A fascinating behind-the-scenes look at the federal court challenge to Prop 8

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Origin of Prop 8 CaseAn excellent article published in this month’s California Lawyer Magazine explores the origins of the federal court challenge to Proposition 8, aka Perry vs. Schwarzenegger, and how a group of Hollywood activists took on the fight to restore marriage equality, not just in the state of California, but nationwide. From the article:

As Chad Griffin tells it, the idea for filing a federal challenge to Prop. 8 took shape ten days after it passed with 52 percent of the vote. Griffin and Kristina Schake, his business partner in the Los Angeles communications firm Griffin/Schake, had joined director Rob Reiner and his wife, Michele, for lunch at the Polo Lounge in the Beverly Hills Hotel. Griffin had produced three television ads and raised money for the “No on 8” campaign; the Reiners were contributors, as well as Griffin’s longtime clients. The four discussed the failed campaign and other election results.

After Griffin left, an acquaintance of the Reiners, Kate Moulene, stopped by and learned that they had discussed Prop. 8. Moulene later phoned Michele Reiner to suggest they talk to her former brother-in-law, Ted Olson, because, she said, he supported gay marriage. Though Olson has a long history as a prominent Republican lawyer—he served in both the Reagan and George W. Bush administrations—his leanings tend to be more libertarian than socially conservative.

The Reiners phoned Griffin about contacting Olson. “I would have been crazy not to talk to him if it were true that such a prominent conservative and legal scholar was on our side,” Griffin says.

Because Olson’s involvement would be major news, secrecy was imperative. On November 21, a week after the Polo Lounge lunch, Griffin met Olson at Gibson Dunn’s Washington, D.C., office. There, Olson declared his interest in taking a case challenging the constitutionality of Prop. 8.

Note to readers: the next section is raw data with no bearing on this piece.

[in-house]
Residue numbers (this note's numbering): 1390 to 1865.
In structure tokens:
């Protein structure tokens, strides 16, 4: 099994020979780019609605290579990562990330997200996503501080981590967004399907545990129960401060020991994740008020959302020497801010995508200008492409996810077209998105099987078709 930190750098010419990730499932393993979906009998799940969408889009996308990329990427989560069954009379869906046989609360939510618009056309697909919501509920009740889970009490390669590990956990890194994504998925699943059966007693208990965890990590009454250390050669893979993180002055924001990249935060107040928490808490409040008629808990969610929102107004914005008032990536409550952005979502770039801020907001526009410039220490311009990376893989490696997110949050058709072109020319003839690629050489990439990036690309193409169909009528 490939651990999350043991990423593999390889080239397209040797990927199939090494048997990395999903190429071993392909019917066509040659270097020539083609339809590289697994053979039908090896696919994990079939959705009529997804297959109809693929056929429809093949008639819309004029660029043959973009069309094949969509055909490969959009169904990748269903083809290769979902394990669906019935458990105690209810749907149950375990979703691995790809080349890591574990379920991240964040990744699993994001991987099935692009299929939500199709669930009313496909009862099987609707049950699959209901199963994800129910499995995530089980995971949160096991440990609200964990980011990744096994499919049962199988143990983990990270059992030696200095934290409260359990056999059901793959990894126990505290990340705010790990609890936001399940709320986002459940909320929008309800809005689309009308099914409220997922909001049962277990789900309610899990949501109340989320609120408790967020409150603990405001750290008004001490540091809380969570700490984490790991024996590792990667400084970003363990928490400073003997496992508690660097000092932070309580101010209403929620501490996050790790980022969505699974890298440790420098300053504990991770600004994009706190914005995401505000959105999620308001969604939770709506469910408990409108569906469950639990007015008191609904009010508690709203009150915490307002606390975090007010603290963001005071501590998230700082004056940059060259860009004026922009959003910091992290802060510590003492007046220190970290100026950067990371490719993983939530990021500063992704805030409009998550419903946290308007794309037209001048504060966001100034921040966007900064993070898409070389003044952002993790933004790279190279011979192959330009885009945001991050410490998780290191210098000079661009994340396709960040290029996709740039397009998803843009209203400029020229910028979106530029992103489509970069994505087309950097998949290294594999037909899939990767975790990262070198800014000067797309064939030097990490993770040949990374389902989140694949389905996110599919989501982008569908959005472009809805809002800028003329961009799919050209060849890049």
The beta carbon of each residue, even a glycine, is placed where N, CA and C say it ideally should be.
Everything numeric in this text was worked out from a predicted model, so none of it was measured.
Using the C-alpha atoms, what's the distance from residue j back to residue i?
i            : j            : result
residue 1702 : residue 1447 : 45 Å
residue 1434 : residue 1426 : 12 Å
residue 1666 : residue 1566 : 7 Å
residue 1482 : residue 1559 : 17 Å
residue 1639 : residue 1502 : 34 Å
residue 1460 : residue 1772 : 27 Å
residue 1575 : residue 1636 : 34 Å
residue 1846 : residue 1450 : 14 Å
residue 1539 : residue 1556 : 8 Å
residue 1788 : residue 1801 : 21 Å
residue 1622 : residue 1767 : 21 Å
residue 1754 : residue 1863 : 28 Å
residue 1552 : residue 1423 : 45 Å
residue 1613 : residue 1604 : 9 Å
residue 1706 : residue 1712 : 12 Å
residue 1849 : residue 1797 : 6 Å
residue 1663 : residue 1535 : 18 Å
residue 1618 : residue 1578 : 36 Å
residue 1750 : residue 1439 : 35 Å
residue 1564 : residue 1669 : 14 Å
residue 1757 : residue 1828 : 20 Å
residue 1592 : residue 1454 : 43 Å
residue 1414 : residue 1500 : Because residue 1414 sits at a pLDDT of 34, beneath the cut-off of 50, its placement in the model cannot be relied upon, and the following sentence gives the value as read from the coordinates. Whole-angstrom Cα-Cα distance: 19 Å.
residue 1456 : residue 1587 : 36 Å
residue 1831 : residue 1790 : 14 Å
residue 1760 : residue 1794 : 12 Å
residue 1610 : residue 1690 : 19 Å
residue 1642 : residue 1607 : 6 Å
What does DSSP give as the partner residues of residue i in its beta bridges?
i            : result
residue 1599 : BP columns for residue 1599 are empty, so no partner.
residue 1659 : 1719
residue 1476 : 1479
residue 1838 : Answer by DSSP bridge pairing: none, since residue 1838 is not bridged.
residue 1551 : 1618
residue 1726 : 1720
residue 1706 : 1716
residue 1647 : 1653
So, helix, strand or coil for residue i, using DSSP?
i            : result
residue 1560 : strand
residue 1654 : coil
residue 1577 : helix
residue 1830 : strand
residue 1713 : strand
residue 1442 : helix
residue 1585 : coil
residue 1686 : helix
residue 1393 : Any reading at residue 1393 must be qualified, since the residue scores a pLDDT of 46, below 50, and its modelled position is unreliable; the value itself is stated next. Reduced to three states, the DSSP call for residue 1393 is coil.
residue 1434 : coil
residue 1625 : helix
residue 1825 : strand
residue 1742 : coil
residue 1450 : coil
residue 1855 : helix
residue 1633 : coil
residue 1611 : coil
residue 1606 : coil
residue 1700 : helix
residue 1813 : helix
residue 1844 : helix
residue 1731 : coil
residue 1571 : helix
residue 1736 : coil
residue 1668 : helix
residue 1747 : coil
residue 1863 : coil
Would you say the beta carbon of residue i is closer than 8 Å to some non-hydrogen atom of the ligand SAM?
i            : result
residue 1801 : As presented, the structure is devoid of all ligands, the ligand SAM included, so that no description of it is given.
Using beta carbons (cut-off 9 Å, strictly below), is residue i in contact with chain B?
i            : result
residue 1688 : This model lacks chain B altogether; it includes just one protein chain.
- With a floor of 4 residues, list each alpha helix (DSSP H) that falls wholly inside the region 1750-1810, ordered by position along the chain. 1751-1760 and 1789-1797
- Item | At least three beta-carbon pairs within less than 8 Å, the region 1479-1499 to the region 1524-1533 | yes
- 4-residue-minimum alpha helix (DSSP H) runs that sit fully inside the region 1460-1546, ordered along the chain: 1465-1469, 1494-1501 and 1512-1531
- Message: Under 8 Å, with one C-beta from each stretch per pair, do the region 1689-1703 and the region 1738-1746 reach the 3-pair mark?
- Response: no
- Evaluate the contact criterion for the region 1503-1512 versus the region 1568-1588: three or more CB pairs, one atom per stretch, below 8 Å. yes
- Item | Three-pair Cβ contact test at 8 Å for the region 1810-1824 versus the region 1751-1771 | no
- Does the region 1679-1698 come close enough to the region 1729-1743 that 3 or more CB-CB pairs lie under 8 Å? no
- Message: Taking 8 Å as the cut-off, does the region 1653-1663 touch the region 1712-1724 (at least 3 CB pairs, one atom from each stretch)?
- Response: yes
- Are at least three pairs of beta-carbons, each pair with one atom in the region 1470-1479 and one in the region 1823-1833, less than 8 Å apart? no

It was “terribly unfortunate” that Prop. 8 passed, Olson said, particularly because “Californians have always been in the forefront of liberty and individualism.” His own support for gay marriage, he said, dates back more than a decade.

The article goes on to detail much of the friction and the mending of fences between gay groups and those litigating the case.

Though spurned by the court, the LGBT legal groups chose to cooperate with the Perry team. They have provided background material that includes expert witnesses who had been used in other cases, and briefs from gay-rights litigation. “We are interested in doing whatever we can to make sure their case is as successful as possible,” says James Esseks, co-director of the ACLU’s LGBT Project. “And we wish the plaintiffs’ legal team the best. We know they’re doing everything they can to put together a great case.”

But does he support the litigation? “What I’d say is: We think they’ve got it right about the law,” Esseks replied. “We think that Prop. 8 violates the federal Constitution. We think that is crystal clear.”

The LGBT legal groups also agree that Olson’s involvement is a significant and positive development. Kendell says, “Seeing this person, who was a star of the conservative right, speaking out for the rights of LGBT couples to marry really did feel like, ‘Gosh, this really could help change people’s hearts and minds.’ ” In one of her early conference calls to discuss the complaint, Kendell jokingly named Olson an “honorary lesbian.”

It’s a long, but fascinating read. And definitely worth the time.

Post by ILO on 01/04/10 at 3:08 pm